Where federal policy is self-defeating, American civil society often steps in, as the Bill and Melinda Gates Foundation has done in replacing money that the Trump administration cut from the World Health Organization. Governors are reminding us of the value of competent chief executives and federal systems of distributed powers. And the benefits of free societies begin to show to advantage: Even transparently false statements by Trump seem to create less international suspicion than the systematic dishonesty of the Chinese leadership, because the American president is subject to independent press scrutiny, citizens can freely criticize him, and other politicians can openly campaign for his job. Authoritarian governments will have a more difficult time as the pandemic wears on, because their legitimacy is based either on endlessly rising prosperity (as in the case of China) or an aura of total control (Russia), neither of which is sustainable in the pandemic.

The truth is that United States is almost never as good as many Americans congratulate ourselves for being. Yet we are unusually capable of acknowledging our failures and correcting them, in business, in war, and at the ballot box. For all the missteps the United States makes, it's not a unitary state. The existence of competing sources of power is a barrier to action at times but also a fundamentally stabilizing influence.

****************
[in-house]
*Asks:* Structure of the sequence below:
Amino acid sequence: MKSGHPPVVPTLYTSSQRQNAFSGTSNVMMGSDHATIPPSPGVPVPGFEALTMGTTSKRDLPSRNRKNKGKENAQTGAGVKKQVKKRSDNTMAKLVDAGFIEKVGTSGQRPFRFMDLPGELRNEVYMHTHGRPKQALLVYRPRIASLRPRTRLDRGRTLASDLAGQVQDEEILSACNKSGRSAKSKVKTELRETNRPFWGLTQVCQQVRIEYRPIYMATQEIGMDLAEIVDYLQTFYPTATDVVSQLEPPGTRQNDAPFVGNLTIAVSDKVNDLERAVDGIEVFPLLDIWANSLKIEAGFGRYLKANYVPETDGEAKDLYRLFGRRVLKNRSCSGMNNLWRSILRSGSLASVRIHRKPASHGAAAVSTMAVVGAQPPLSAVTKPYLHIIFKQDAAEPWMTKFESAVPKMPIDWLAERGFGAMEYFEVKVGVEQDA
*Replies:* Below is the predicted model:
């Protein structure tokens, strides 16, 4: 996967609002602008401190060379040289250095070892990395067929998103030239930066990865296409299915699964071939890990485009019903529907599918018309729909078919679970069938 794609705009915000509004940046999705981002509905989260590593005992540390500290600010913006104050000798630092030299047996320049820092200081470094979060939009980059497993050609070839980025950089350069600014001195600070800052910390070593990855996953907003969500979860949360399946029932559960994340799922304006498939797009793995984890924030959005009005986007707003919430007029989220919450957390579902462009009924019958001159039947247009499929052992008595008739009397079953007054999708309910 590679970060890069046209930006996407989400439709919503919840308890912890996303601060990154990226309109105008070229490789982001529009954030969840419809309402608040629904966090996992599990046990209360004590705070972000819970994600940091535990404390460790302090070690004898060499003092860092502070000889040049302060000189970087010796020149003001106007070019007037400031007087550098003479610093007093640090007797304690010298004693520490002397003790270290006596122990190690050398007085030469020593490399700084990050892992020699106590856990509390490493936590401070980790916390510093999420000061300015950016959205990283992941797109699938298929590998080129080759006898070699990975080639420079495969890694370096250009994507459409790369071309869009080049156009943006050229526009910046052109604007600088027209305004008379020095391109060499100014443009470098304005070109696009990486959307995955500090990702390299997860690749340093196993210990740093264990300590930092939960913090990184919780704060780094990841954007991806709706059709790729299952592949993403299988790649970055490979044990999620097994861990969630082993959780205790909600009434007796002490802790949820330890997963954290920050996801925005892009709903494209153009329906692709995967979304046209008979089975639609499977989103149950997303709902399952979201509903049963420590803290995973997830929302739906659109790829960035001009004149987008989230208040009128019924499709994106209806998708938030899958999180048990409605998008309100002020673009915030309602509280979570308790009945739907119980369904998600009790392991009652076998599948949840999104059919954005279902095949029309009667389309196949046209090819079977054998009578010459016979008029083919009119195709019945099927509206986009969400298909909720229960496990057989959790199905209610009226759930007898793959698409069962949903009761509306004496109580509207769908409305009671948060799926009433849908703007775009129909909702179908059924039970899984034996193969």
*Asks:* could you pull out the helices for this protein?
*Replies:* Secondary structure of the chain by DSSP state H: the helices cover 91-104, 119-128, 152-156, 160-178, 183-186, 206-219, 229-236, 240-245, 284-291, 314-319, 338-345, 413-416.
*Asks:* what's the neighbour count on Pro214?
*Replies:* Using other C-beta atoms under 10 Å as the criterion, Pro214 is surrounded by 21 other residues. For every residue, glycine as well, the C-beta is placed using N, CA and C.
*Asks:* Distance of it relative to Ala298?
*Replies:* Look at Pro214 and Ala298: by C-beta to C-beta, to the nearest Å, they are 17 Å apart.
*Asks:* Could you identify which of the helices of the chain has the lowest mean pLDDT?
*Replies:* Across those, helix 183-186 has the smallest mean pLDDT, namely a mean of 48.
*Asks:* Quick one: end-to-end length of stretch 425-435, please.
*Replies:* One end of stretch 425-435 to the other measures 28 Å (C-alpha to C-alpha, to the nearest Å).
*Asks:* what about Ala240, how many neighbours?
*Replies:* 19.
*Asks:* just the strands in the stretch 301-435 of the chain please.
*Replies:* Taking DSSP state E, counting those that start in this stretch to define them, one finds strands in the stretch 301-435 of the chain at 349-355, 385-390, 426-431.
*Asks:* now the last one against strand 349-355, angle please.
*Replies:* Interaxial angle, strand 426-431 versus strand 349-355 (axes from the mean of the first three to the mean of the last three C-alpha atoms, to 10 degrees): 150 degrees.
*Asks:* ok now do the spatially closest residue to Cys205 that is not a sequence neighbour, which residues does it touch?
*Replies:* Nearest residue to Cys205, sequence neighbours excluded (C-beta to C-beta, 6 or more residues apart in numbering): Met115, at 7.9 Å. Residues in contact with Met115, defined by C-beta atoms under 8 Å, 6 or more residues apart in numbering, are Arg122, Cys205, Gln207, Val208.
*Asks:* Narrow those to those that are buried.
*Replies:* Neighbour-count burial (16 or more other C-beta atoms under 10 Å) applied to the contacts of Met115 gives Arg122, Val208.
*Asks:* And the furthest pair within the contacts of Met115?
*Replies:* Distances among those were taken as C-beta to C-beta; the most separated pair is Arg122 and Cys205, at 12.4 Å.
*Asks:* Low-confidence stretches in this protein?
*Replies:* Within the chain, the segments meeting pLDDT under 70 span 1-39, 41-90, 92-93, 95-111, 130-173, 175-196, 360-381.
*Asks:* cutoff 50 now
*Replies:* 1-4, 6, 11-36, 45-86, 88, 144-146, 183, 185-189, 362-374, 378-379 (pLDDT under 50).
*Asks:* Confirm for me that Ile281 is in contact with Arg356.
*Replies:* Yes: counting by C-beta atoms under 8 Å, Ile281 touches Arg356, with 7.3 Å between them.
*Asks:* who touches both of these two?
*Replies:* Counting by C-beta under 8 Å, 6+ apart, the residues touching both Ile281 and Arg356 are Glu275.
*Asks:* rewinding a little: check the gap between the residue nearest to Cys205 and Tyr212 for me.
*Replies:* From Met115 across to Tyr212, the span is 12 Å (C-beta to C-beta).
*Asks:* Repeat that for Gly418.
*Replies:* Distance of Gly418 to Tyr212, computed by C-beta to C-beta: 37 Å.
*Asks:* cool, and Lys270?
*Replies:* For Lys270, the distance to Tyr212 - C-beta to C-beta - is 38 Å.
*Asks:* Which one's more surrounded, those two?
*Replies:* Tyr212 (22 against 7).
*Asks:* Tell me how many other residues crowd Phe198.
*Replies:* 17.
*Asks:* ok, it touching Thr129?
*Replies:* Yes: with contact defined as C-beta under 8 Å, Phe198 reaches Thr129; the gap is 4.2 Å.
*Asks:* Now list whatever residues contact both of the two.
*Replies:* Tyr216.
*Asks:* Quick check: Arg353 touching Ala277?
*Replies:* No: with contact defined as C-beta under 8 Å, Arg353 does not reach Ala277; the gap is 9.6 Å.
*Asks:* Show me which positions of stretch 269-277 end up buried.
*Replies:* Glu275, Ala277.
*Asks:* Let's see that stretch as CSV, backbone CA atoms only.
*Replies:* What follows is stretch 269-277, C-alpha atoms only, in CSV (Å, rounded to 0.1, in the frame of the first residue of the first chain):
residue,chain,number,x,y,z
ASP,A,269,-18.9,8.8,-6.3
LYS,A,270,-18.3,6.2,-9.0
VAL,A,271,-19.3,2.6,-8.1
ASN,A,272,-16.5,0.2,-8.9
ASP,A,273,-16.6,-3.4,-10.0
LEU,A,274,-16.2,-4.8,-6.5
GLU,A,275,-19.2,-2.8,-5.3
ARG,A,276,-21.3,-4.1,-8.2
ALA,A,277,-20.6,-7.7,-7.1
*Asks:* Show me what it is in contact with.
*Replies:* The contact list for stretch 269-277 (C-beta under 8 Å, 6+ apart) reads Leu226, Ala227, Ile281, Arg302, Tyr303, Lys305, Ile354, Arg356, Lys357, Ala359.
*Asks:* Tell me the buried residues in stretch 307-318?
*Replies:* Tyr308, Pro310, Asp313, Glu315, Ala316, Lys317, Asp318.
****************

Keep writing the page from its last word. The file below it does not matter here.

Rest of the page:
One telling example is that even after the Trump administration withdrew the United States from the Paris Agreement and rolled back auto-emissions standards, many people and governments in the U.S. are still taking climate change seriously. States such as California have set rigorous environmental standards; major corporations are finding ways to limit their carbon footprint; Michael Bloomberg and other billionaires are shoveling money into the cause; cities from coast to coast are incorporating climate concerns into their urban planning; and American homeowners are opting for renewable energy sources.

All of which suggests that despite the colossal failures of the United States government this year, the country could emerge from this terrible pandemic in an even stronger position internationally—not just because other states are making their own mistakes, but also because of how our country and our society are organized. We are cohesive enough to accumulate and exercise global influence but not so cohesive that, during a crisis, an incompetent or malign leader can lead the entire nation to ruin.